Goldsmith Prize Winner/Paz Exhibition/Langerudi Honoured – Poetry News Roundup November 19th

We begin the week here on My Poetic Side with a look at this year’s winner of the Goldsmith Prize. We also have an exhibition on the works of Octavio Paz which have been re-imagined and the poet Shams Langerudi who has been honoured by the University of Guilan.

Goldsmith Prize 2018 Won by Scottish Poet

On Wednesday last week the winner of this year’s Goldsmiths Prize was announced as Robin Robertson, the Scottish poet, for his novel “The Long Take”.

Robertson’s story, which is written in verse and prose, also includes an amount of cinematic language of film noir. It was published earlier this year, and shows a real change of direction from the usual poetry Robertson produces.

The Goldsmith Prize is awarded to a writer who “that breaks the mould or extends the possibilities of the novel form.” And carries a £10,000 prize.

Robertson, who is from Perthshire, central Scotland, has published a total of nine poetry collections. He has also worked as an editor for Penguin Books, Seeker and Warburg and also Jonathan Cape. This book has also been longlisted for the Man Booker Prize.

Octavio Paz’s Verses Re-imagined

In an exhibition that will be on display in New Delhi until 25th November 48 artists and graphic designers from Mexico and India have illustrated the poetry of Octavio Paz.

The exhibition is titled “Re-imagining Octavio Paz”, and features an interesting take on the work of the 1990 Literature Nobel laureate. It is taking place on the 50th anniversary of the poet’s departure from India in 1968 and 20 years after the poet died in 1998. As part of the exhibition, a book by Alberto Ruy Sanchez, the Mexican writer, will also be launched, and includes the writer’s thoughts on Paz.

Some of the art work on display is of a more challenging nature and the exhibition does carry a warning. Using one of the poet’s verses, which has been taken from his long poem Carta de Creencia (Letter of Testimony), has been designed creatively to show the confluence of night, bodies and blood. It reads “Blood: Music in the branches of the veins, touch: light in the night of the bodies”.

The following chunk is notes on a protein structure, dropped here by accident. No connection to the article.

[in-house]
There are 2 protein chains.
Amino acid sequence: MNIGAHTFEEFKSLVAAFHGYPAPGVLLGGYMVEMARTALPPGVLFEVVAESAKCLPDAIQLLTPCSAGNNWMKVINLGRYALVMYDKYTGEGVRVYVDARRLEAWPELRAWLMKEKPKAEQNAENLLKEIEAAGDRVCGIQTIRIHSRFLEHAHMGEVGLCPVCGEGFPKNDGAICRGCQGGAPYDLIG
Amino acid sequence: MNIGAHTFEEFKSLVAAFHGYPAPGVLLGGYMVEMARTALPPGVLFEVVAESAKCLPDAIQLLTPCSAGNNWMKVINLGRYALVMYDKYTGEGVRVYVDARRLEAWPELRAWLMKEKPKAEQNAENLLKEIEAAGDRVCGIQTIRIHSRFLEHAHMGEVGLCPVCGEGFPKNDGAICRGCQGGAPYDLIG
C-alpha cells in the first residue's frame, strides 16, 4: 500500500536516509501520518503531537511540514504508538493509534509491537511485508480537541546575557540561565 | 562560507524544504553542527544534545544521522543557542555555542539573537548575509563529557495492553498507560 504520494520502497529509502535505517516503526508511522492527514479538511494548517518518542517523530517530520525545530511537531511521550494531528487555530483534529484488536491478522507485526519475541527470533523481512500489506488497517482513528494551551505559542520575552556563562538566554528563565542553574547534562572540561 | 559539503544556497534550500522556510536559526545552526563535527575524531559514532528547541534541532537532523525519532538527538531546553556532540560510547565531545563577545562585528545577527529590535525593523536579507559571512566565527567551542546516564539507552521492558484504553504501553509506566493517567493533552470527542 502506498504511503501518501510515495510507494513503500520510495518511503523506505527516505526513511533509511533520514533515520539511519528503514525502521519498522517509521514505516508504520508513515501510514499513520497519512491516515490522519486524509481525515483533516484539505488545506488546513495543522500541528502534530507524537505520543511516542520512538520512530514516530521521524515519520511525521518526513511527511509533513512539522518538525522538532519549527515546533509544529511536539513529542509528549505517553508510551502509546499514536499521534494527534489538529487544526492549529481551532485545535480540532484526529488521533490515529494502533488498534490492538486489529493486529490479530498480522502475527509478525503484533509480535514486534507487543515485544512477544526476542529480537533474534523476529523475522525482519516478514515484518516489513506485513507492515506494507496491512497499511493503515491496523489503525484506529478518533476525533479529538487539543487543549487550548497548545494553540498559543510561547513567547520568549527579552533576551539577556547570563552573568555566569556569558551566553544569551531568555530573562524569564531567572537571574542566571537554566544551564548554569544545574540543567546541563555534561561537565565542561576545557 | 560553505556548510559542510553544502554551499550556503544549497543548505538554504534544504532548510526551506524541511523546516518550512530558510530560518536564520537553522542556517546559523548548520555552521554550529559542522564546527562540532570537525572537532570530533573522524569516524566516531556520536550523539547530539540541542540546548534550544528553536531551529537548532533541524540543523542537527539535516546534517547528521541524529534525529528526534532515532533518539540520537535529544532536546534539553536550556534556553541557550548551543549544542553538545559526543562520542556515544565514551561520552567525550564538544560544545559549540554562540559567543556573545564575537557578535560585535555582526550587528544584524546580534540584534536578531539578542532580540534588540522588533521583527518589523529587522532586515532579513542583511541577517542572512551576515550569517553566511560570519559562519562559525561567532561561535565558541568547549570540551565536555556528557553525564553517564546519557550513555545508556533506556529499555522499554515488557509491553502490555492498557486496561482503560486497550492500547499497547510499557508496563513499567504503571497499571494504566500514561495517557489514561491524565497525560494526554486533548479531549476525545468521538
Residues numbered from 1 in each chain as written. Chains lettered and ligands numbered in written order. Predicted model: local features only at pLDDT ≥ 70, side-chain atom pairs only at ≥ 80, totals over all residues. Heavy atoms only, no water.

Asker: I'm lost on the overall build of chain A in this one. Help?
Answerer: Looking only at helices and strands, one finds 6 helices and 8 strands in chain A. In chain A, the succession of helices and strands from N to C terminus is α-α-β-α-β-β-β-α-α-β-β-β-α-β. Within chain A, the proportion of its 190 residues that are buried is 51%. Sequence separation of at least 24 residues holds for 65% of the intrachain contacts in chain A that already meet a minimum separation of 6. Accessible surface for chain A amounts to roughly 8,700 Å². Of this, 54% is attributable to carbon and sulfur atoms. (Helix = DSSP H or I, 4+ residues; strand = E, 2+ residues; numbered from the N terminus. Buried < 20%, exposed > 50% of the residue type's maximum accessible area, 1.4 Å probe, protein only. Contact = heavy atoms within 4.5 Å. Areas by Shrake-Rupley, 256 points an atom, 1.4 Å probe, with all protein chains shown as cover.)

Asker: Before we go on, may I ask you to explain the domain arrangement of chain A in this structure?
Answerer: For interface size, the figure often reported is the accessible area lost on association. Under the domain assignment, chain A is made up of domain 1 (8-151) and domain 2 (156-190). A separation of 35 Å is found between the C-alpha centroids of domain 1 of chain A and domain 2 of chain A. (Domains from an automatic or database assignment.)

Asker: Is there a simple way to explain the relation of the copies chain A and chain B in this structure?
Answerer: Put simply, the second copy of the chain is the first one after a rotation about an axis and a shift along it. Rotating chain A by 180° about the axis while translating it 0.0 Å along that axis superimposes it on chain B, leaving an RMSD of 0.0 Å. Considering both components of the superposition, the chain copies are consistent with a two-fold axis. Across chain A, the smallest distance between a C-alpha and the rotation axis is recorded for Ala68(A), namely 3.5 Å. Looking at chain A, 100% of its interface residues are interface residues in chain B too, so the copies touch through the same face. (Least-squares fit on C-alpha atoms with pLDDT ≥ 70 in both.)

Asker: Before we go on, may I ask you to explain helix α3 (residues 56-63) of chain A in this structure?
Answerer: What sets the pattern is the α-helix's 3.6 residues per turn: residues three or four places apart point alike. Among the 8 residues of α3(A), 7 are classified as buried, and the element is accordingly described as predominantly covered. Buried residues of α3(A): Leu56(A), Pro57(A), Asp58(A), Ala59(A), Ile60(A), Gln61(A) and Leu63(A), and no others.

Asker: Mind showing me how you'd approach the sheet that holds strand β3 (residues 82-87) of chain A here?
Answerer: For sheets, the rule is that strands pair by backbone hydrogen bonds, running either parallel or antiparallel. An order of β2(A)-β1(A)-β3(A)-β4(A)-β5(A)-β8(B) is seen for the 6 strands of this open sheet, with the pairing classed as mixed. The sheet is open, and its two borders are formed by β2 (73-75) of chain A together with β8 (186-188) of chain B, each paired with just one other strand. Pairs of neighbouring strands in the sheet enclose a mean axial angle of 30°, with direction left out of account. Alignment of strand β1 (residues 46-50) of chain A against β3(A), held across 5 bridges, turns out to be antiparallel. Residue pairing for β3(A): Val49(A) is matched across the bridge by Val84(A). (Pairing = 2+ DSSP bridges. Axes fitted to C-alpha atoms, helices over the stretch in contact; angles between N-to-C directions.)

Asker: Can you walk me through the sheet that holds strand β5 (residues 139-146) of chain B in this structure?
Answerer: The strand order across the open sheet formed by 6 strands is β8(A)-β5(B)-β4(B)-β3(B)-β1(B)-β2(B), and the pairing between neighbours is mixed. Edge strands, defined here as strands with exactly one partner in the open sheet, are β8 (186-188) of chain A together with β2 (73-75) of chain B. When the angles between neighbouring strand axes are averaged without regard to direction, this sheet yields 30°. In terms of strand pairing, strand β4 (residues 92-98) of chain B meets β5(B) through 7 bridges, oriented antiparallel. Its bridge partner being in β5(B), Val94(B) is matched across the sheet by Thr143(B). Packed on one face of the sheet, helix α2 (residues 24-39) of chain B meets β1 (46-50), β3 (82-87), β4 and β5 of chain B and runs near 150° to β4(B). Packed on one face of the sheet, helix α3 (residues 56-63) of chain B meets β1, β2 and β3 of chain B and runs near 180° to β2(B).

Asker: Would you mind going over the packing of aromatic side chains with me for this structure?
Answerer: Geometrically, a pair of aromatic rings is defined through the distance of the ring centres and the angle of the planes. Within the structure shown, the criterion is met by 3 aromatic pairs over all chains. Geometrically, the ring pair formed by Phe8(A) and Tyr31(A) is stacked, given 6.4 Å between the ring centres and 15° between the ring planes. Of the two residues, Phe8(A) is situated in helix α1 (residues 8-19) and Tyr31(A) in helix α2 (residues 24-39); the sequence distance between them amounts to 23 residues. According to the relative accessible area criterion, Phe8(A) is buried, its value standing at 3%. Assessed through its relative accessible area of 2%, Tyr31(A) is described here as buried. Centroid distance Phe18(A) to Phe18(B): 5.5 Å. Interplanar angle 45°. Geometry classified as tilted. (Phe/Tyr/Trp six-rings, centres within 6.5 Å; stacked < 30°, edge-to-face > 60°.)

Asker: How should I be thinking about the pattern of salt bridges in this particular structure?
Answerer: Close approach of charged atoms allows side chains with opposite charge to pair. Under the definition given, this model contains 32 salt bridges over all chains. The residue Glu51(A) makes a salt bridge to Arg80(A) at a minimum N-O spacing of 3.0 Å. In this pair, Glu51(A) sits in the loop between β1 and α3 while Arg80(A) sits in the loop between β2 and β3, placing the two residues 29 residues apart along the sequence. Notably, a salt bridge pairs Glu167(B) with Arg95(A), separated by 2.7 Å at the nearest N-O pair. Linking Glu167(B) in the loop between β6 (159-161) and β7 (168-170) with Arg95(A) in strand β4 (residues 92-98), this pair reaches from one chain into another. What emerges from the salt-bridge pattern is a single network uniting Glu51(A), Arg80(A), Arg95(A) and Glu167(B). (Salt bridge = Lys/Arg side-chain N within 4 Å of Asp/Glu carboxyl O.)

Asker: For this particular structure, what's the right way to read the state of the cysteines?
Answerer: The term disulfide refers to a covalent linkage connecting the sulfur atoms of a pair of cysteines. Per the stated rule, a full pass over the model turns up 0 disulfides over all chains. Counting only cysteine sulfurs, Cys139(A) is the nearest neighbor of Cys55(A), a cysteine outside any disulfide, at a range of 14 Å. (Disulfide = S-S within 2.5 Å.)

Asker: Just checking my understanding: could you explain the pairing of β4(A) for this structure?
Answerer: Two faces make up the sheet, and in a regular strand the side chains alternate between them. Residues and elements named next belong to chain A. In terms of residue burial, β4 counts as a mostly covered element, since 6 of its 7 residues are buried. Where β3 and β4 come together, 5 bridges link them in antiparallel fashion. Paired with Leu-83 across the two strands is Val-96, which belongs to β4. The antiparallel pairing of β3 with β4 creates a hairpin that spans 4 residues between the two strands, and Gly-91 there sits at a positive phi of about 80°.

Striking visual imagery is also evident in the works inspired by “The Broken Waterjar”.

The idea for the collection on display in the exhibition was originally thought up in 2014 in Mexico at the time of the centenary of the poet’s birth anniversary. Some of the most outstanding Mexican designers have put together the art work.

Shams Langerudi Honoured by University of Guilan

The 68-year-old poet, Mohammad Shams Langerudi has been honoured for his lifetime of achievements in the field of poetry by the Guilan Research Centre at the Guilan University.

The ceremony took place on Saturday, when the poet gave a brief speech. He thanked all those people who read and have empathy for his poetry.

In addition to writing poetry, Langerudi is also the author of “An Analytic History of Persian Modern Poetry” which is an extensive work of research on the subject of contemporary Persian poetry.

You must register to comment. Log in or Register.